FIRE DEPARTMENT IS THE COMMUNITY… Attendees to the 100-year celebration Open House of the Watervliet Fire Department (WFD) hear Fire Chief Dan Jones (right) give a short history of the WFD, and Chaplain Brian Hall, pastor of Watervliet Free Methodist Church, speak on how the fire department is more than just a part of the community, it is the community. More than 100 people visited the open house, held last Saturday afternoon, where they looked over historic photos of fire department events and personnel, met local firefighters and then enjoyed a meal which included hotdogs, hamburgers and salads. (TCR photo by Teresa Smithers)
Coloma Glad-Peach Fest discussed at council meeting
By Nancy Albright
Coloma resident Harold Bragg opened a dialogue with the city council on Monday night, Aug. 12 to address low attendance at this year’s Glad-Peach Festival.
“In the past the festival has been so crowded that you had a hard time walking through,” said Bragg. “This year it seemed there were more police than people. I don’t want people to throw up their hands and let it go. I would like Glad-Peach to be successful and continue on every year.” Bragg suggested that the festival committee cultivate what is working now, like the foam pit, stories for children, the library book sale and the magician, and address issues that need work.
Coletta’s Closet owner Denise Donohoe said that the foam court sponsored by the church was delightful, but that it was only in operation for one hour. “I sponsored the magician this year because no one else invited him. That is horrible; it’s the man’s livelihood.” She reported that there were moving vehicles in the blocked off section of the street, including golf carts. “It’s a bad move and shouldn’t be allowed. Also, I wouldn’t put my kid in one of those rides for all the tea in China; they would need a tetanus shot. Those carnies are not the image we want to project.”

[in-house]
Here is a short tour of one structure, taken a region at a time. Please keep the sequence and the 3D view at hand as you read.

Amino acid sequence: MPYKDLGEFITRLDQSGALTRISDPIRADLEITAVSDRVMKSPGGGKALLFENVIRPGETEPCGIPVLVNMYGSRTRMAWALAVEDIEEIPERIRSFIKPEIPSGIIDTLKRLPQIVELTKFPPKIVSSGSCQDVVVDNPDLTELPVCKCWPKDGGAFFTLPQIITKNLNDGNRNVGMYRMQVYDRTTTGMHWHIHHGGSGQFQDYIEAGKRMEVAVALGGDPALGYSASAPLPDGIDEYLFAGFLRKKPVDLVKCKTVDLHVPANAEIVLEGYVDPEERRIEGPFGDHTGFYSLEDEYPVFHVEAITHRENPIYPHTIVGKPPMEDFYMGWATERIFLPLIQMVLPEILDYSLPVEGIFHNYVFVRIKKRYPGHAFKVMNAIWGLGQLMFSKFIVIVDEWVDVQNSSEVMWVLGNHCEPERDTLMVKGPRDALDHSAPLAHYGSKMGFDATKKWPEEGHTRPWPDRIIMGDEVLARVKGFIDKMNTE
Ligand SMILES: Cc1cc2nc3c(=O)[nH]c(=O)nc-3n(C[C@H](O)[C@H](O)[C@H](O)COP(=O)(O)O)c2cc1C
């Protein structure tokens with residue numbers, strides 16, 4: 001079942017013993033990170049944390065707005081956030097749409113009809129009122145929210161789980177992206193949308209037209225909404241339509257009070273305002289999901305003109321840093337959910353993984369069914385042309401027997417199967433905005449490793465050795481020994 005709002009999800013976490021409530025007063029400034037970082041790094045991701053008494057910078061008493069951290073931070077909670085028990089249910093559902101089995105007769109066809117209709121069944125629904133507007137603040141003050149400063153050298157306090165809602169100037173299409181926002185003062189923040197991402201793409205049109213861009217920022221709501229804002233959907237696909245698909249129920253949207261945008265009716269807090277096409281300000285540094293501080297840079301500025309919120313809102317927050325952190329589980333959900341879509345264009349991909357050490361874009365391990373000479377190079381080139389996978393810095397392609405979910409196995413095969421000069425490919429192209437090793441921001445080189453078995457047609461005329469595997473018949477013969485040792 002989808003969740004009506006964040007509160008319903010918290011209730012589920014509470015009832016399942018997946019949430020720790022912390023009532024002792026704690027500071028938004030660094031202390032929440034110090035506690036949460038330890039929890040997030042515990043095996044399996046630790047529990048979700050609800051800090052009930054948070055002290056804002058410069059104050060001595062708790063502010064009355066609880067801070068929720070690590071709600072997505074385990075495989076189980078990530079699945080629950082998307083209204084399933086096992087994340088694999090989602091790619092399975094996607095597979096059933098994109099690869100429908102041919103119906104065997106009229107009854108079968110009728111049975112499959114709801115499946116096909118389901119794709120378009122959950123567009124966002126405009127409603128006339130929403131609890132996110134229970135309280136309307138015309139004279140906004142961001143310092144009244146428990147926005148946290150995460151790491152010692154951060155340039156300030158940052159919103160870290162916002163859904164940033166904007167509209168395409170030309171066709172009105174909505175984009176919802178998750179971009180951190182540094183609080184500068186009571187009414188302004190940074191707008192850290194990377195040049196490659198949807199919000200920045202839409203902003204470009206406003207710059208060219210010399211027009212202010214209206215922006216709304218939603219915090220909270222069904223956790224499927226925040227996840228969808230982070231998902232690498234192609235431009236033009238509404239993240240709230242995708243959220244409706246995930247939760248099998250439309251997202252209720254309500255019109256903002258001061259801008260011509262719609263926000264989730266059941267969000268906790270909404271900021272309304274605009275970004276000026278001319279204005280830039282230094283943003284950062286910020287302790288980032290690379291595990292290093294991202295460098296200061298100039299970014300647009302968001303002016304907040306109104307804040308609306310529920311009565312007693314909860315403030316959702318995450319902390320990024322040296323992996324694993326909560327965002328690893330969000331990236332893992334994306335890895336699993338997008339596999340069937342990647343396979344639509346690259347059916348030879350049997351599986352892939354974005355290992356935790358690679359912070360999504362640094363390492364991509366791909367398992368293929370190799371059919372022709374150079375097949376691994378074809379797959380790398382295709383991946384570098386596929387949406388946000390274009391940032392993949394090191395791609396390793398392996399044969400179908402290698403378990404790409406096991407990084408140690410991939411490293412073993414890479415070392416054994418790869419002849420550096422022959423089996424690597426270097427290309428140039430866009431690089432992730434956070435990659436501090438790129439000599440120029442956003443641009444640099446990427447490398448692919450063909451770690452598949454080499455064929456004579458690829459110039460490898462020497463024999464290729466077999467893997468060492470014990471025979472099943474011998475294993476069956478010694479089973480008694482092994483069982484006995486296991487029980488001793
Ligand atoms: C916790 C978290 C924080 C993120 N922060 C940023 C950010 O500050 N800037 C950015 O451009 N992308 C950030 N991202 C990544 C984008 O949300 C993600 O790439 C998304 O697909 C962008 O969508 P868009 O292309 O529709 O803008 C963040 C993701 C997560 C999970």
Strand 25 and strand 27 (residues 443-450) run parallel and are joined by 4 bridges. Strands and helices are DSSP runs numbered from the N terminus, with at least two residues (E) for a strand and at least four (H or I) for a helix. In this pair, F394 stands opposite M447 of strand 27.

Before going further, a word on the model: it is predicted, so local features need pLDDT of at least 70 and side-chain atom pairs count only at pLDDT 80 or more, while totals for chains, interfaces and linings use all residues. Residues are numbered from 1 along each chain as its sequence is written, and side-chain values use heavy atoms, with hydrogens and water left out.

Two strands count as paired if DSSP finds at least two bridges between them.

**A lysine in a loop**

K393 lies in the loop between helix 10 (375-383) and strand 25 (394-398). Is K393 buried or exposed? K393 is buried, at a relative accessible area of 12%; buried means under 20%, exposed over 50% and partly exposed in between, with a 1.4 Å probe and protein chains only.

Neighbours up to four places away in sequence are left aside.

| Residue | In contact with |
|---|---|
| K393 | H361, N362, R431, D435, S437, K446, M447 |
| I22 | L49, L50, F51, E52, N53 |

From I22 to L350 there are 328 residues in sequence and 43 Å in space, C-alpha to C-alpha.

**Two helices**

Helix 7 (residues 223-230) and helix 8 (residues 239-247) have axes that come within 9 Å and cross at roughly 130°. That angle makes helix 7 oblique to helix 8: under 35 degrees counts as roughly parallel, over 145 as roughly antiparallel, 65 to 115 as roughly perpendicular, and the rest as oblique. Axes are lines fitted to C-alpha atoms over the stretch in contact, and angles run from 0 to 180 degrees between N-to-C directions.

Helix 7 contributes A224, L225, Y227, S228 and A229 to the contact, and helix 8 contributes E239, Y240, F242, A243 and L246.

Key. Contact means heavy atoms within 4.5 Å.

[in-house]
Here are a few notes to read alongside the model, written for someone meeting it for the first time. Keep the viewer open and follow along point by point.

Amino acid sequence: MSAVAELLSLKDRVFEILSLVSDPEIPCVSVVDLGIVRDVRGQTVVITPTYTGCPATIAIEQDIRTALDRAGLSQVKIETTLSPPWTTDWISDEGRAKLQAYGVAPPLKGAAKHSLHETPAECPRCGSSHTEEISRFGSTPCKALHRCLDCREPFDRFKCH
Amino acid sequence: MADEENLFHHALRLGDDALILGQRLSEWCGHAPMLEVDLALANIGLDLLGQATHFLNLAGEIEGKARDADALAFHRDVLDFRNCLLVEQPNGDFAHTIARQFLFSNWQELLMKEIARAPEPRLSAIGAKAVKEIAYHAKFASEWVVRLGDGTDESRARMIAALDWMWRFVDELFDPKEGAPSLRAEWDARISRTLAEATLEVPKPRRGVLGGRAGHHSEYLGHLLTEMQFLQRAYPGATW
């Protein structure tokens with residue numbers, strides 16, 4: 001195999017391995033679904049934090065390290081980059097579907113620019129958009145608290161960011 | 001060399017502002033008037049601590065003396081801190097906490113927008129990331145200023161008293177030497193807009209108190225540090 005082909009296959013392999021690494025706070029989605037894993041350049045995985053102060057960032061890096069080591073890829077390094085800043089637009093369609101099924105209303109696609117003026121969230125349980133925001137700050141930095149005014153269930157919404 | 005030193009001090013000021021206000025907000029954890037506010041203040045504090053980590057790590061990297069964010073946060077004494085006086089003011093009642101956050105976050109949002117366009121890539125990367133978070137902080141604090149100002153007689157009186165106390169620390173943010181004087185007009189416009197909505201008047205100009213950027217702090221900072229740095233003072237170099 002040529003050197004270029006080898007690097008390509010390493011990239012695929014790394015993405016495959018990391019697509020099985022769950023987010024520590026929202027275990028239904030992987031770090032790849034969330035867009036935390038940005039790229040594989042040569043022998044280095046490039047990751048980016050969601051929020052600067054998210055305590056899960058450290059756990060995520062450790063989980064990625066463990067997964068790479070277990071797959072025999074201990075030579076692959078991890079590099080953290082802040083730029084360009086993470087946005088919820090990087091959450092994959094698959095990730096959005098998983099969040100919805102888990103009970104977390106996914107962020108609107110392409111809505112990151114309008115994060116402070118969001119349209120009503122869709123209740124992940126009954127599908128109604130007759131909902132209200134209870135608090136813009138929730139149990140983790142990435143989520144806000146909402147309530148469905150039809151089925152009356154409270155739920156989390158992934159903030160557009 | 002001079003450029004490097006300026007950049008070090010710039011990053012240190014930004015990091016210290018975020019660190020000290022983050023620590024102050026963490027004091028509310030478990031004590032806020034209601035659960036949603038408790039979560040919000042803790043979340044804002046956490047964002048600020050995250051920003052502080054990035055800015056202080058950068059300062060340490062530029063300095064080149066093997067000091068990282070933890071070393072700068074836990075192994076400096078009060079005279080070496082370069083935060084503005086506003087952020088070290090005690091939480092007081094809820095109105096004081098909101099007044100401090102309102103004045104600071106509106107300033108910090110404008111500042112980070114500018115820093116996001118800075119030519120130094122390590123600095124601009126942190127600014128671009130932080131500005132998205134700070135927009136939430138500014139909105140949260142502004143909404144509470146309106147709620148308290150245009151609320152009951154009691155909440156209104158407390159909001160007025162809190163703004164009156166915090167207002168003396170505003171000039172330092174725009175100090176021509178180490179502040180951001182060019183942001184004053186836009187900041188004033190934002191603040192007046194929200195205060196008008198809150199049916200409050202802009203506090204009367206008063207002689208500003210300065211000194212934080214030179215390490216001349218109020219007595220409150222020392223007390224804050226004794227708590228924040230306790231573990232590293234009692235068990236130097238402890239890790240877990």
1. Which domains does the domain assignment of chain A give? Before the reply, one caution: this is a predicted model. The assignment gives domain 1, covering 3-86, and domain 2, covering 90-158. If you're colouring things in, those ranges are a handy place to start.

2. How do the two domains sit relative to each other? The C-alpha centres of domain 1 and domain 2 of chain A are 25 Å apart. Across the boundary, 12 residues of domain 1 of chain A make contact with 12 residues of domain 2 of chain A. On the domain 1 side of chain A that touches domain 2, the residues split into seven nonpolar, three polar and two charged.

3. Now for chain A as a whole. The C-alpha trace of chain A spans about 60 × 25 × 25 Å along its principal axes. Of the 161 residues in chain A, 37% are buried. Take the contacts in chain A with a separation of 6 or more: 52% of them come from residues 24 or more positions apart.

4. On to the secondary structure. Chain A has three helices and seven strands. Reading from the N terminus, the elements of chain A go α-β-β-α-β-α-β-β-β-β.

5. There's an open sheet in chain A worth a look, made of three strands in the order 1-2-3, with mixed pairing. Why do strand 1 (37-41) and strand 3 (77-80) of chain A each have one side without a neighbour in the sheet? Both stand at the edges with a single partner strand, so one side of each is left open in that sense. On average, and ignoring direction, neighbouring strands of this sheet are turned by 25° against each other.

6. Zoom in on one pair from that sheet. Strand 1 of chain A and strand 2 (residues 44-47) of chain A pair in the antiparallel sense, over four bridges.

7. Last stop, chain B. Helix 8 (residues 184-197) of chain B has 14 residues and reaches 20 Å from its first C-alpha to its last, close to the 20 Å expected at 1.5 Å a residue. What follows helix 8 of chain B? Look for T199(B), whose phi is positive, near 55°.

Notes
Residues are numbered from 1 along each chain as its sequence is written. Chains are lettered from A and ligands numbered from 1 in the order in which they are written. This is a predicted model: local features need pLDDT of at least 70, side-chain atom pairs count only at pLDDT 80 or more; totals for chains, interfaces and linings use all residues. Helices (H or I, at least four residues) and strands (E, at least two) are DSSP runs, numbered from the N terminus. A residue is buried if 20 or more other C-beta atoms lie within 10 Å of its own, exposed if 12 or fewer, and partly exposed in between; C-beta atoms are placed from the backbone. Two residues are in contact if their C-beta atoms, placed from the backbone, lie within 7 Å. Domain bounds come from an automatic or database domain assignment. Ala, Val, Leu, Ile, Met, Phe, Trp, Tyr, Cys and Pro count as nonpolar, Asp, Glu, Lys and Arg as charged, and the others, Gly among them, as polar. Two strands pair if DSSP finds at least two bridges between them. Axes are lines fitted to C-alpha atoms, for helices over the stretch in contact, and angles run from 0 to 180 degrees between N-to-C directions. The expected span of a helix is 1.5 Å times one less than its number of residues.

She went on to say that that there is no festival signage, the festival website has not been updated since 2016, and that vendors should not be allowed to start packing up until five minutes after the festival ends. “It can’t hurt to have new ideas.”
Donohoe also said that the stage was not removed until 1:30 p.m. on Monday which caused a parking issue.
Bragg observed only a half dozen people or so dancing near the stage at this year’s festival, which was moved to one end of the street. He suggested moving the stage back to the center of the festival to encourage “dancing in the streets”, and the committee considers music for all age groups, such as a polka band for middle-age festival goers; dance competition for teenagers; and dance performances. “Inviting professional dance studios like Citadel from Benton Harbor and Dance Arts from Stephenville where the dancers are from all over the area might draw people from other towns.”
Bragg informally polled some festival goers and learned that there was no announcement that the kiddie parade had been cancelled, there was no advertising on COZY-FM, and brochures were not distributed. He suggested that next year the committee distribute brochures to Coloma businesses, and businesses in other communities like the Mason Jar in Benton Harbor, which according to Bragg is always crowded.
In conclusion, Bragg said that the bright spots were the foam ring and the book sale at the library, which was the largest in memory. He also thanked the police force for their positive attitude and public works for an outstanding job. “Our public works department is second to none. You wouldn’t have known anything had even taken place the day before. The city was spotless.”
Mayor Polashak commended the Coloma Police Department and Department of Public Works for all their hard work at the festival. “You guys were great.”
Police Chief Wes Smigielski reported there were no major incidents at the festival, aside from excessive incidents addressed by police officers of kids being rude and starting fights. The chief also said that he plans on attending the festival committee meeting.